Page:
Can Air Pollution Lead To Weight Gain?

You might only think of air pollution when you see it spilling from smokestacks and exhaust pipes, but there are other pollutants in the air that we can't see. Some examples of invisible pollutants include ozone, carbon, volatile organic compounds, polycyclic aromatic hydrocarbons, particulate matter, and nitrogen and sulfur oxides, according to the National Institute of Environmental Health Services.

Just because you can't see pollutants doesn't mean they aren't harmful. In fact, the U.S. Environmental Protection Agency reports that people can experience a variety of health conditions related to the amount of air pollution they are exposed to. Harvard Health Publishing documents several studies which show that extended exposure to pollutants was linked to diabetes, heart disease, stroke, and worsening symptoms of chronic obstructive pulmonary disease (COPD). While anyone is susceptible to the negative effects of air pollution, people who are young, elderly, pregnant, or who have an underlying heart or lung condition are the most vulnerable. And as it turns out, pollutants may affect our health in even more ways.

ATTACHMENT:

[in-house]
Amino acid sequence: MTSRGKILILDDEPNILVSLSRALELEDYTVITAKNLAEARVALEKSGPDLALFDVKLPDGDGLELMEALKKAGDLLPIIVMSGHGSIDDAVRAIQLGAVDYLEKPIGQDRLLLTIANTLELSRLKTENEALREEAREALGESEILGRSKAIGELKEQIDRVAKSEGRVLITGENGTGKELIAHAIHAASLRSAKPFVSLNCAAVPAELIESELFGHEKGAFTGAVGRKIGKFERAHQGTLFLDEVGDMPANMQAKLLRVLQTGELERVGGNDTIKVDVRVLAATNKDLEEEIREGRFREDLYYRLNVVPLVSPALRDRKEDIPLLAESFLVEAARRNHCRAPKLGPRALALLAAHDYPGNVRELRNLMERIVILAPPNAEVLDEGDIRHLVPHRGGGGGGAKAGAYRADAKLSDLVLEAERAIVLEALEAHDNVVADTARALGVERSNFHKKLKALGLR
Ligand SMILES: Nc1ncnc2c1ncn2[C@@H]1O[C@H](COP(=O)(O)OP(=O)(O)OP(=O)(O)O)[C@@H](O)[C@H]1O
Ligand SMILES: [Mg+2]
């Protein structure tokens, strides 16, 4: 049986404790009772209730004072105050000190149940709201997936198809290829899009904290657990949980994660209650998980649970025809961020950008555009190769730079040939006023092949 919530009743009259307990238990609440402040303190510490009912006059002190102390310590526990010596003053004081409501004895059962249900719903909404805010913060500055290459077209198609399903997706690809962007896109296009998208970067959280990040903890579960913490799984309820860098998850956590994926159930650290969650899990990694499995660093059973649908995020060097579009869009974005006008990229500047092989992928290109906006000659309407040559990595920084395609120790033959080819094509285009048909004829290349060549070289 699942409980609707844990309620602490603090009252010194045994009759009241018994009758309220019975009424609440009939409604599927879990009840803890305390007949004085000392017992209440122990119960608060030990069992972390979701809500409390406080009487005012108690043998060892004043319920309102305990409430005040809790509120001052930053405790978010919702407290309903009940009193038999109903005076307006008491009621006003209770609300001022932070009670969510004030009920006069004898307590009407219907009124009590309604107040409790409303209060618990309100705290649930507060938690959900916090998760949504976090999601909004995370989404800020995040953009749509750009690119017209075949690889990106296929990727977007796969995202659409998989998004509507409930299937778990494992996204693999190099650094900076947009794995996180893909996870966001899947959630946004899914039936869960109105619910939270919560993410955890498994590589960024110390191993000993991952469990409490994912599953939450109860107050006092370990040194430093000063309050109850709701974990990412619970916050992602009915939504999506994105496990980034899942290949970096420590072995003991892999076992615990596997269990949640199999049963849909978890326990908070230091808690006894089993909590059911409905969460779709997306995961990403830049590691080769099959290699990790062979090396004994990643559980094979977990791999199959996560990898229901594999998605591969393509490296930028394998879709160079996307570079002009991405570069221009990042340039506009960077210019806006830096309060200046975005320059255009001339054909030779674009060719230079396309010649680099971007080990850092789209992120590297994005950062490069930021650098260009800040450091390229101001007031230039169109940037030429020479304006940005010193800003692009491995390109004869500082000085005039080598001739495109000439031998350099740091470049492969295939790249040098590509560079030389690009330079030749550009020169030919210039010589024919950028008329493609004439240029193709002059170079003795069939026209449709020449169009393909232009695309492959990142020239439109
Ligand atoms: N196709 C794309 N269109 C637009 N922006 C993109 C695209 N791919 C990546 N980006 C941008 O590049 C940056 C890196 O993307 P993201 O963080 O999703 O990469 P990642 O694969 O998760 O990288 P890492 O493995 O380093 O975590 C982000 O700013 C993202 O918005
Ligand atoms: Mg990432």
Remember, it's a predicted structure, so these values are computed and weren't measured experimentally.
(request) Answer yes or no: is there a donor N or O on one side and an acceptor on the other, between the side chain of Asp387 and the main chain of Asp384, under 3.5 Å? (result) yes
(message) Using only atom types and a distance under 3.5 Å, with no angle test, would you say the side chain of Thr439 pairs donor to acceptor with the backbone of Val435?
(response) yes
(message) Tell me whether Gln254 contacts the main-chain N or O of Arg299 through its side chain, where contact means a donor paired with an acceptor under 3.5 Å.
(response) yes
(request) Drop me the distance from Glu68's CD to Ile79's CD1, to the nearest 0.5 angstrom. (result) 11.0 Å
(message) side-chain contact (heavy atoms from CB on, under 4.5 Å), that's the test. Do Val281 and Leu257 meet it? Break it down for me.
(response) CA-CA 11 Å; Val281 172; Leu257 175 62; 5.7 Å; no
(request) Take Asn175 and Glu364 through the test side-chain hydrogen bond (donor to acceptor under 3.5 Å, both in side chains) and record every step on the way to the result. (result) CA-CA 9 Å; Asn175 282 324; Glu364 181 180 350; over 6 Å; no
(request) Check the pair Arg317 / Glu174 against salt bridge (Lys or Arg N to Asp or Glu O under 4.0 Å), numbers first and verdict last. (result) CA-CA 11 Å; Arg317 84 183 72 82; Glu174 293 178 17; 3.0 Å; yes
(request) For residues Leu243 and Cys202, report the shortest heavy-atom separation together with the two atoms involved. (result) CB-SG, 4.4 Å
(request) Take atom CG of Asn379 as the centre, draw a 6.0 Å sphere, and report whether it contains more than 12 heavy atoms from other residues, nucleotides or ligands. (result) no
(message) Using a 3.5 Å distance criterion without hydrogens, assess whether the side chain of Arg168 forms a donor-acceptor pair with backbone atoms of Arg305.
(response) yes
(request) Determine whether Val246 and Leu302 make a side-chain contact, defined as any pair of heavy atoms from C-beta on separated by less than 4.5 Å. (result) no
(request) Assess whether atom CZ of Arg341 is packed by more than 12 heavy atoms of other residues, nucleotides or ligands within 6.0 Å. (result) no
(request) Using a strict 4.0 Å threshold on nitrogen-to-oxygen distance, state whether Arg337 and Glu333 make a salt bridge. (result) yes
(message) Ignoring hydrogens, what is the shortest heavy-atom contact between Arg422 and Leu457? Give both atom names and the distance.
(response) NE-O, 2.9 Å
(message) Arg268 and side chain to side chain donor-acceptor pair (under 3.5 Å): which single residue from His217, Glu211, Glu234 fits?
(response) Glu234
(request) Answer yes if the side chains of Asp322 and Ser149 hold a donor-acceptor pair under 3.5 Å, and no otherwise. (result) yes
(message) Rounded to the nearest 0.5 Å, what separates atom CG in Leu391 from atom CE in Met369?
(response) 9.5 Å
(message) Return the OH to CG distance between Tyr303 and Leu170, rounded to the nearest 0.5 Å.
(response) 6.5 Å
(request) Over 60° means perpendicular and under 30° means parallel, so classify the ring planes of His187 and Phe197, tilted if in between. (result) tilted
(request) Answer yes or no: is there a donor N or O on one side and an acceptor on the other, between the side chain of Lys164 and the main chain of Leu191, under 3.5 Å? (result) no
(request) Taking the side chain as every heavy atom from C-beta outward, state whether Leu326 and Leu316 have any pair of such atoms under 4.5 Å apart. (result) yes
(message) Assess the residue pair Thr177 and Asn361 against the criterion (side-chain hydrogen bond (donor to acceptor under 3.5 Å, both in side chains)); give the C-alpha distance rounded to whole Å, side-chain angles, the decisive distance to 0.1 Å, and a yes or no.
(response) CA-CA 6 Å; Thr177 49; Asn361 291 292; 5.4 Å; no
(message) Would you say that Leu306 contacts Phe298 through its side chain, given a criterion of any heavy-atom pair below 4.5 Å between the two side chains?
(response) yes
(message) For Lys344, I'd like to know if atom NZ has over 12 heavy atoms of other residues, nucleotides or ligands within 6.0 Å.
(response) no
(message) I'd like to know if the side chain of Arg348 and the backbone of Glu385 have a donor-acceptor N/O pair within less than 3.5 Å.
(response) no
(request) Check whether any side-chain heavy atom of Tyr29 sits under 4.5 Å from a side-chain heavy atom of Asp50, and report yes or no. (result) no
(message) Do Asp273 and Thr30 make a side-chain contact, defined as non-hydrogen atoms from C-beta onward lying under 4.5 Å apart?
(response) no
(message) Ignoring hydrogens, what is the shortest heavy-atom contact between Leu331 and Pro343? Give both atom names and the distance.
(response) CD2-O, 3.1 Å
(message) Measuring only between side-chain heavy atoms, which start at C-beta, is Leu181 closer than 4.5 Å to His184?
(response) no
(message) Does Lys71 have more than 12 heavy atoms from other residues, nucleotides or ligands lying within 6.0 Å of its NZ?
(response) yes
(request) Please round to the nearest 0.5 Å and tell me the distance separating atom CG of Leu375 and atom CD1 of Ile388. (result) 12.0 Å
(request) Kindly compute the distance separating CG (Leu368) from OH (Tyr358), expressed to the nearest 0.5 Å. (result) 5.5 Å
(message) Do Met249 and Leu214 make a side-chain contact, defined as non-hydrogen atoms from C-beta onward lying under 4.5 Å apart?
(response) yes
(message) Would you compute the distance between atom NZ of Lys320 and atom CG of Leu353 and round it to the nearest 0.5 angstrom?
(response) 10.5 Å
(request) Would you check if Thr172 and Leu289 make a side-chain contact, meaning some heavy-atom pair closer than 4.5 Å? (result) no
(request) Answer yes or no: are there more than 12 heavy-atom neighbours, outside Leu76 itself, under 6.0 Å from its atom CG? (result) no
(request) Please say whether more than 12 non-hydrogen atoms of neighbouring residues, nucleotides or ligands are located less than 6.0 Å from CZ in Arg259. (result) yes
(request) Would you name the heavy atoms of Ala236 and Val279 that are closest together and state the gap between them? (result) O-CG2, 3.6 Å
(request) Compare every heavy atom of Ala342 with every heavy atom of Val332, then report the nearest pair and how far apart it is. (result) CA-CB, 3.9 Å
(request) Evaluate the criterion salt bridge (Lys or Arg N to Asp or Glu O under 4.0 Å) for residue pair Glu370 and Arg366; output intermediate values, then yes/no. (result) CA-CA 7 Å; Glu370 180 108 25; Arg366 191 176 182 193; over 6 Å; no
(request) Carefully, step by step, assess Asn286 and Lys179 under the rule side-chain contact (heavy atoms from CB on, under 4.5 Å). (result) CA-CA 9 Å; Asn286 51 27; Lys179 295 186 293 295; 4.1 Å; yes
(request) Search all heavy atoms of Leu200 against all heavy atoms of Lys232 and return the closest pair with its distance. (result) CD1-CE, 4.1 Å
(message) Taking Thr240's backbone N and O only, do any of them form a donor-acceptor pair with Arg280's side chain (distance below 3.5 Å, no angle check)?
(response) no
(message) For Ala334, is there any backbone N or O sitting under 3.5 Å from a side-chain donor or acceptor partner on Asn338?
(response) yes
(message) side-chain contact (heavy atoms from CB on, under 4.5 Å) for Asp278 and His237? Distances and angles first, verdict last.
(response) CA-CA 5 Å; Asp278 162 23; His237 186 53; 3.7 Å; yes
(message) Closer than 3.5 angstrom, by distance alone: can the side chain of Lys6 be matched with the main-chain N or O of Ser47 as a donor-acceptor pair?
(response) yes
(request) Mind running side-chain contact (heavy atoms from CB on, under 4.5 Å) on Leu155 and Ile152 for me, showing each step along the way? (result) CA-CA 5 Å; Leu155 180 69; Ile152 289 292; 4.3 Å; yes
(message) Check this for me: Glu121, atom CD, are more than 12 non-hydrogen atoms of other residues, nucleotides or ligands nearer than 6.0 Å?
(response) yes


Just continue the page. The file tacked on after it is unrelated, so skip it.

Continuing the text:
Air pollution can affect the gut microbiome

Weight gain is another condition linked to air pollution. A 2020 report published in the journal Environmental International showed how exposure to air pollution negatively affects the human gut microbiome. The study found that pollutants could increase the risk for obesity and type 2 diabetes. This research revealed that the tiny particles that enter our digestive tract can impact the growth of good and bad microbes. Additionally, a 2021 study following 3,902,440 veterans from 2010 to 2018 showed that air pollution — particularly fine particulate matter — was linked to weight gain and obesity.

There are a few things you can do to protect yourself against air pollution. One way is to check local air quality warnings on websites like AirNow. When levels of pollution are high, avoid going outside when you can. If you have to be outside when air quality is poor, you can also wear a high-filtration mask, such as a KN95 or a P99. You can also clean the air in your home with an air purifier that uses a High-Efficiency Particulate Air (HEPA) filter to remove pollen, dirt, and other particles from the air (via Smithsonian Magazine).